Pole-vaulting sensation Armand “Mondo” Duplantis is poised for another potential record-breaking journey as Red Bull Studios continues to distribute the documentary feature, “Born to Fly,” detailing his life.
Thus far, the film has secured distribution in several countries, including Germany (Sky), France (Canal+), Switzerland (3+ and RTS), Norway (NRK), Finland (MTV3), Spain (Movistar Plus+), Belgium (VRT), and Estonia (ERR).
Sebastian Burkhardt, Head of Partnerships and Commercial Strategy at Red Bull Studios, expressed their delight at partnering with global broadcast networks to showcase the incredible athlete and his sport to a worldwide audience.
Directed by Brennan Robideaux, who closely followed Duplantis for six years, the documentary chronicles the athlete’s journey from being a child prodigy to becoming a world champion and an Olympic gold medalist. It’s noteworthy that Duplantis set a new world record as recently as September.
Robideaux shared his initial impressions of the Duplantis family and the sport of pole vaulting, which he found captivating. He emphasized the intense dedication Mondo displayed and explored the origins of his exceptional mentality. The director, hailing from a small town, admitted he had never met anyone with such lofty dreams and exceptional skills as Duplantis.
The film, produced by Red Bull Studios in collaboration with Robideaux’s Robi Creative, BCII Production, and Backflip Media Stockholm, first had a theatrical release in Sweden. The public broadcaster SVT aired its broadcast premiere, and it is now set to make its North American debut at the Austin Film Festival.
Robideaux highlighted that the film delves into the rich backstory of Duplantis and his father, offering both a biographical and coming-of-age narrative. The director recounted the many years he spent working on the documentary alone and the financial struggles he faced. He described the setbacks in Duplantis’s career as pivotal moments in the film, both from a friend’s perspective and as someone striving to make ends meet.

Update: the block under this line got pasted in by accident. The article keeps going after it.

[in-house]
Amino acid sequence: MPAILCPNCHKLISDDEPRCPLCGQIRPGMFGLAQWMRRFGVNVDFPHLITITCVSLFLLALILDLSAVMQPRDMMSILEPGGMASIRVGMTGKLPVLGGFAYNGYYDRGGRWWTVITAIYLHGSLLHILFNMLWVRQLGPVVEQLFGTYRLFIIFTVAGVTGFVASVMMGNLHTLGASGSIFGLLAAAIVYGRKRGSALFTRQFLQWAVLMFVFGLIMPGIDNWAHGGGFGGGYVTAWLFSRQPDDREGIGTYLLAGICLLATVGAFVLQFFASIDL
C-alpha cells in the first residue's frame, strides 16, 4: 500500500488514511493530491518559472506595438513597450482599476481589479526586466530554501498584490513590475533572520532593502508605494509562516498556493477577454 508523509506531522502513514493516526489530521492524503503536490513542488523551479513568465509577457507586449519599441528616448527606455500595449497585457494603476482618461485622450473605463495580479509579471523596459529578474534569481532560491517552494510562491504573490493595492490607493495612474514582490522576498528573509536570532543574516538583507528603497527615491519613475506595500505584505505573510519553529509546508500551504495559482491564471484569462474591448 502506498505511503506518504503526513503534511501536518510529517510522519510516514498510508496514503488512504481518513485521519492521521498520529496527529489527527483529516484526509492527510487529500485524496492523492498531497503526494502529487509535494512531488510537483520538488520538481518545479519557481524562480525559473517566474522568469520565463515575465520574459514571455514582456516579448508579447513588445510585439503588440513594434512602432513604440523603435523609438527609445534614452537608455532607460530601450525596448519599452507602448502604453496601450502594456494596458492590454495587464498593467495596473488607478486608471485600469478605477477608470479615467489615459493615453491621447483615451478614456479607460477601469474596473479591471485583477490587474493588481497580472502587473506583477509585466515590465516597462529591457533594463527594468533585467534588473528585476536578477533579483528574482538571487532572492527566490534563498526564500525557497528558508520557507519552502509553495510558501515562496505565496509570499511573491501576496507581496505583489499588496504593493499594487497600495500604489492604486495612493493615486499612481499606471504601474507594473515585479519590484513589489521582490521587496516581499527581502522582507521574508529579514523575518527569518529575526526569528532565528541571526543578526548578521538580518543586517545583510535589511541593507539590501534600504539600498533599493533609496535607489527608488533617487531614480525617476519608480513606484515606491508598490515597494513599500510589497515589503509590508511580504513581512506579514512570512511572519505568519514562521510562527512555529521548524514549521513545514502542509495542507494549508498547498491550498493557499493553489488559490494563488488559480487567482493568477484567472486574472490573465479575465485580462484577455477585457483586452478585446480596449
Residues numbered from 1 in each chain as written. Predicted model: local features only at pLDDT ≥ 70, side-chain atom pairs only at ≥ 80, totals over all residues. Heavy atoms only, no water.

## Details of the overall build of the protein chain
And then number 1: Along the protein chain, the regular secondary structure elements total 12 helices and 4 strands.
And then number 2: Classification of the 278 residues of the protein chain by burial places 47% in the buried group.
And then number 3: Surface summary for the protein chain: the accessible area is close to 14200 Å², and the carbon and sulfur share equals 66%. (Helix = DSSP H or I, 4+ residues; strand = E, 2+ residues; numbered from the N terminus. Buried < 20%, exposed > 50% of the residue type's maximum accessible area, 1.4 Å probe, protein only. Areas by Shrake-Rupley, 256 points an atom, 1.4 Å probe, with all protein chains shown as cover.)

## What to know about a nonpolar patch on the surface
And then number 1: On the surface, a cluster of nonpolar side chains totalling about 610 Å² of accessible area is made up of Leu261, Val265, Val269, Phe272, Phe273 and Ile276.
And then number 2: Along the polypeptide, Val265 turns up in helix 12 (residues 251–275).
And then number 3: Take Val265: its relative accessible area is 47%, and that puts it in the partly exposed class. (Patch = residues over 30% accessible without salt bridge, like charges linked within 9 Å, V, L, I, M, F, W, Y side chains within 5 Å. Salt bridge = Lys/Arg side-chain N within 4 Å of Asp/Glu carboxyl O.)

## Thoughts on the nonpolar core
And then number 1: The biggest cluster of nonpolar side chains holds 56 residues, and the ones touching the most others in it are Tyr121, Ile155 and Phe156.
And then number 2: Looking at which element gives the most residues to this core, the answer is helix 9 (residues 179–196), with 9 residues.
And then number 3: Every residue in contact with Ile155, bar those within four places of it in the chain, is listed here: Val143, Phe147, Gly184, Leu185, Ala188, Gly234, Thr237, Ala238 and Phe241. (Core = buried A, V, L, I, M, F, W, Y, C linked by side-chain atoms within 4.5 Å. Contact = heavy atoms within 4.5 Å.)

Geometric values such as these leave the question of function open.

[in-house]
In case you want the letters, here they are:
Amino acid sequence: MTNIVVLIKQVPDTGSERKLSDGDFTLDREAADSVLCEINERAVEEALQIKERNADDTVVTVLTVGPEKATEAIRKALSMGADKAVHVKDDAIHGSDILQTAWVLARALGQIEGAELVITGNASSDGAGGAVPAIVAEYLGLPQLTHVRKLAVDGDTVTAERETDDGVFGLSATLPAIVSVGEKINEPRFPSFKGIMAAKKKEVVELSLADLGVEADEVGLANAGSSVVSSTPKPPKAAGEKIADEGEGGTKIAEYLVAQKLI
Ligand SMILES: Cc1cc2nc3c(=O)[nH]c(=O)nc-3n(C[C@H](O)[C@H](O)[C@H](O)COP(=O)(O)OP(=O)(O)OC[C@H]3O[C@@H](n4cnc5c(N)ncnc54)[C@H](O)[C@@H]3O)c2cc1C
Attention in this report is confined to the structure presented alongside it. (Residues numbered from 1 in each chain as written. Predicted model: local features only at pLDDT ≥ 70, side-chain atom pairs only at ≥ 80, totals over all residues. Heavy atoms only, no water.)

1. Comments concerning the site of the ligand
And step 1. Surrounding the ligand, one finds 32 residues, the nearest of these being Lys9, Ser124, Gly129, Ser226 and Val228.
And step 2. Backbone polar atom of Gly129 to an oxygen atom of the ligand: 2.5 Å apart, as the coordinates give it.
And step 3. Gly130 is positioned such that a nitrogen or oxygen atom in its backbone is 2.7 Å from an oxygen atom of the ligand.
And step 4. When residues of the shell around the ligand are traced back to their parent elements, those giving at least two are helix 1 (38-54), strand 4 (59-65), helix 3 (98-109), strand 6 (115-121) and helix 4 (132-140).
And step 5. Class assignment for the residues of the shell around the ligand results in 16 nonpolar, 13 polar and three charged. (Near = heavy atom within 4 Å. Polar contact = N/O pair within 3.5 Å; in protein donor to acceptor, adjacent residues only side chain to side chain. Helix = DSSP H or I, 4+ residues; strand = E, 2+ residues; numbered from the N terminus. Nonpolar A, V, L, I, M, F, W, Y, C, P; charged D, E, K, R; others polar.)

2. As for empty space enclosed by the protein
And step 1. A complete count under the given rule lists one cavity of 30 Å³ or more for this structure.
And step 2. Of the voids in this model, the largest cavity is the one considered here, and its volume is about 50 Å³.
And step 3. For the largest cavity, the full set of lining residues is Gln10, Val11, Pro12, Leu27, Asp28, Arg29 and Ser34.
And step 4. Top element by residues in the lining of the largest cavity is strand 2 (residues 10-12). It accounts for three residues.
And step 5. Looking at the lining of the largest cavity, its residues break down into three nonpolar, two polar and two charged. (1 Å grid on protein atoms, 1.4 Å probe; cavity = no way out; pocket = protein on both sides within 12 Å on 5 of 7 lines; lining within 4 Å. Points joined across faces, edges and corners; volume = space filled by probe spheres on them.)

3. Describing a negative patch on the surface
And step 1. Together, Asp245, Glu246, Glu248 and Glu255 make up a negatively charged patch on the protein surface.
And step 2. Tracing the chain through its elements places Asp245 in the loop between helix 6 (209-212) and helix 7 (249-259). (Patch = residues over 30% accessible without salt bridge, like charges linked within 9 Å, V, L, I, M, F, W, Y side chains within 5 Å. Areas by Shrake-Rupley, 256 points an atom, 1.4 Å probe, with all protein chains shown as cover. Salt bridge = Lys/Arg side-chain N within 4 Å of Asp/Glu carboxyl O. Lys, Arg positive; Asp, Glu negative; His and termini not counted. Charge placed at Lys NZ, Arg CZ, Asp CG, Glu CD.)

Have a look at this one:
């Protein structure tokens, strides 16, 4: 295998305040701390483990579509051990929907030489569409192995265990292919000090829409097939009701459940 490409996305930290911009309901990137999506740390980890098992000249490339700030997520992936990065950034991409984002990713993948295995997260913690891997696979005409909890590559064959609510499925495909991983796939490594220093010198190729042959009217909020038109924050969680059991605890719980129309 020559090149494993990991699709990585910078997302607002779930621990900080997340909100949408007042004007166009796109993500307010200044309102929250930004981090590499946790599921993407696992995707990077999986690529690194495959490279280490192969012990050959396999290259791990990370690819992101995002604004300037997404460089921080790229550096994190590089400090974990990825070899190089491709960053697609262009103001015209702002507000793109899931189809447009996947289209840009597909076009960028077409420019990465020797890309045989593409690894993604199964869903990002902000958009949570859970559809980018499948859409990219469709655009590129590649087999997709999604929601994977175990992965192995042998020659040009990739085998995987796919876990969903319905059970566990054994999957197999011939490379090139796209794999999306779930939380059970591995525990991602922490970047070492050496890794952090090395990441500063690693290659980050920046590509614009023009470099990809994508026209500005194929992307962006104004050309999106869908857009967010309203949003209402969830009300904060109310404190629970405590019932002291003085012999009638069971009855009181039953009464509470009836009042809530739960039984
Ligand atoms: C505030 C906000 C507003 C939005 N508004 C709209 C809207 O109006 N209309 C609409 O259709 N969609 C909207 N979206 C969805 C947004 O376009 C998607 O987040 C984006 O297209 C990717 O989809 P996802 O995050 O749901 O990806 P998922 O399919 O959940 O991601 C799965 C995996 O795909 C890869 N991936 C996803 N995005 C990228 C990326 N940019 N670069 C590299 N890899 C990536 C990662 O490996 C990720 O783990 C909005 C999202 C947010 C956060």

Despite enduring weeks of hardship in Europe, sleeping on floors and surviving on minimal resources, Robideaux had to remain focused, even in the face of Duplantis’s competition setbacks. His journey was marked by personal sacrifices, including supporting his family.
Now, Robideaux is hopeful that “Born to Fly” will resonate with audiences beyond the realm of sports. He views it as a compelling story of a father and son and an exploration of the remarkable journey of one of the greatest athletes of our time, someone who will likely continue to dominate track and field, breaking records that will shape the sport’s future.
Reflecting on his personal transformation, Robideaux acknowledged that he had grown as a filmmaker throughout the documentary’s production. While the experience of reviewing the initial footage and recognizing its shortcomings was challenging, he is ultimately proud of the end result, as it represents his personal journey. Starting the project at 21 and completing it at 28, he has undergone significant changes, including preparing for the arrival of his first child.
Robideaux pointed out the inherent drama in sports and emphasized the importance of discovering the personal narratives that underlie the drama, along with individuals willing to share their stories.
While he has not yet seen the documentary “Beckham,” Robideaux cited a similar phenomenon with his wife, who, despite lacking prior interest in American football, became a fan after watching Netflix series “Quarterback” featuring Patrick Mahomes. This change in perspective encouraged him as he believes that major sports companies and rights holders are increasingly recognizing the potential for engaging storytelling.
He concluded by expressing his availability to take on future projects, highlighting the abundance of untold stories waiting to be shared.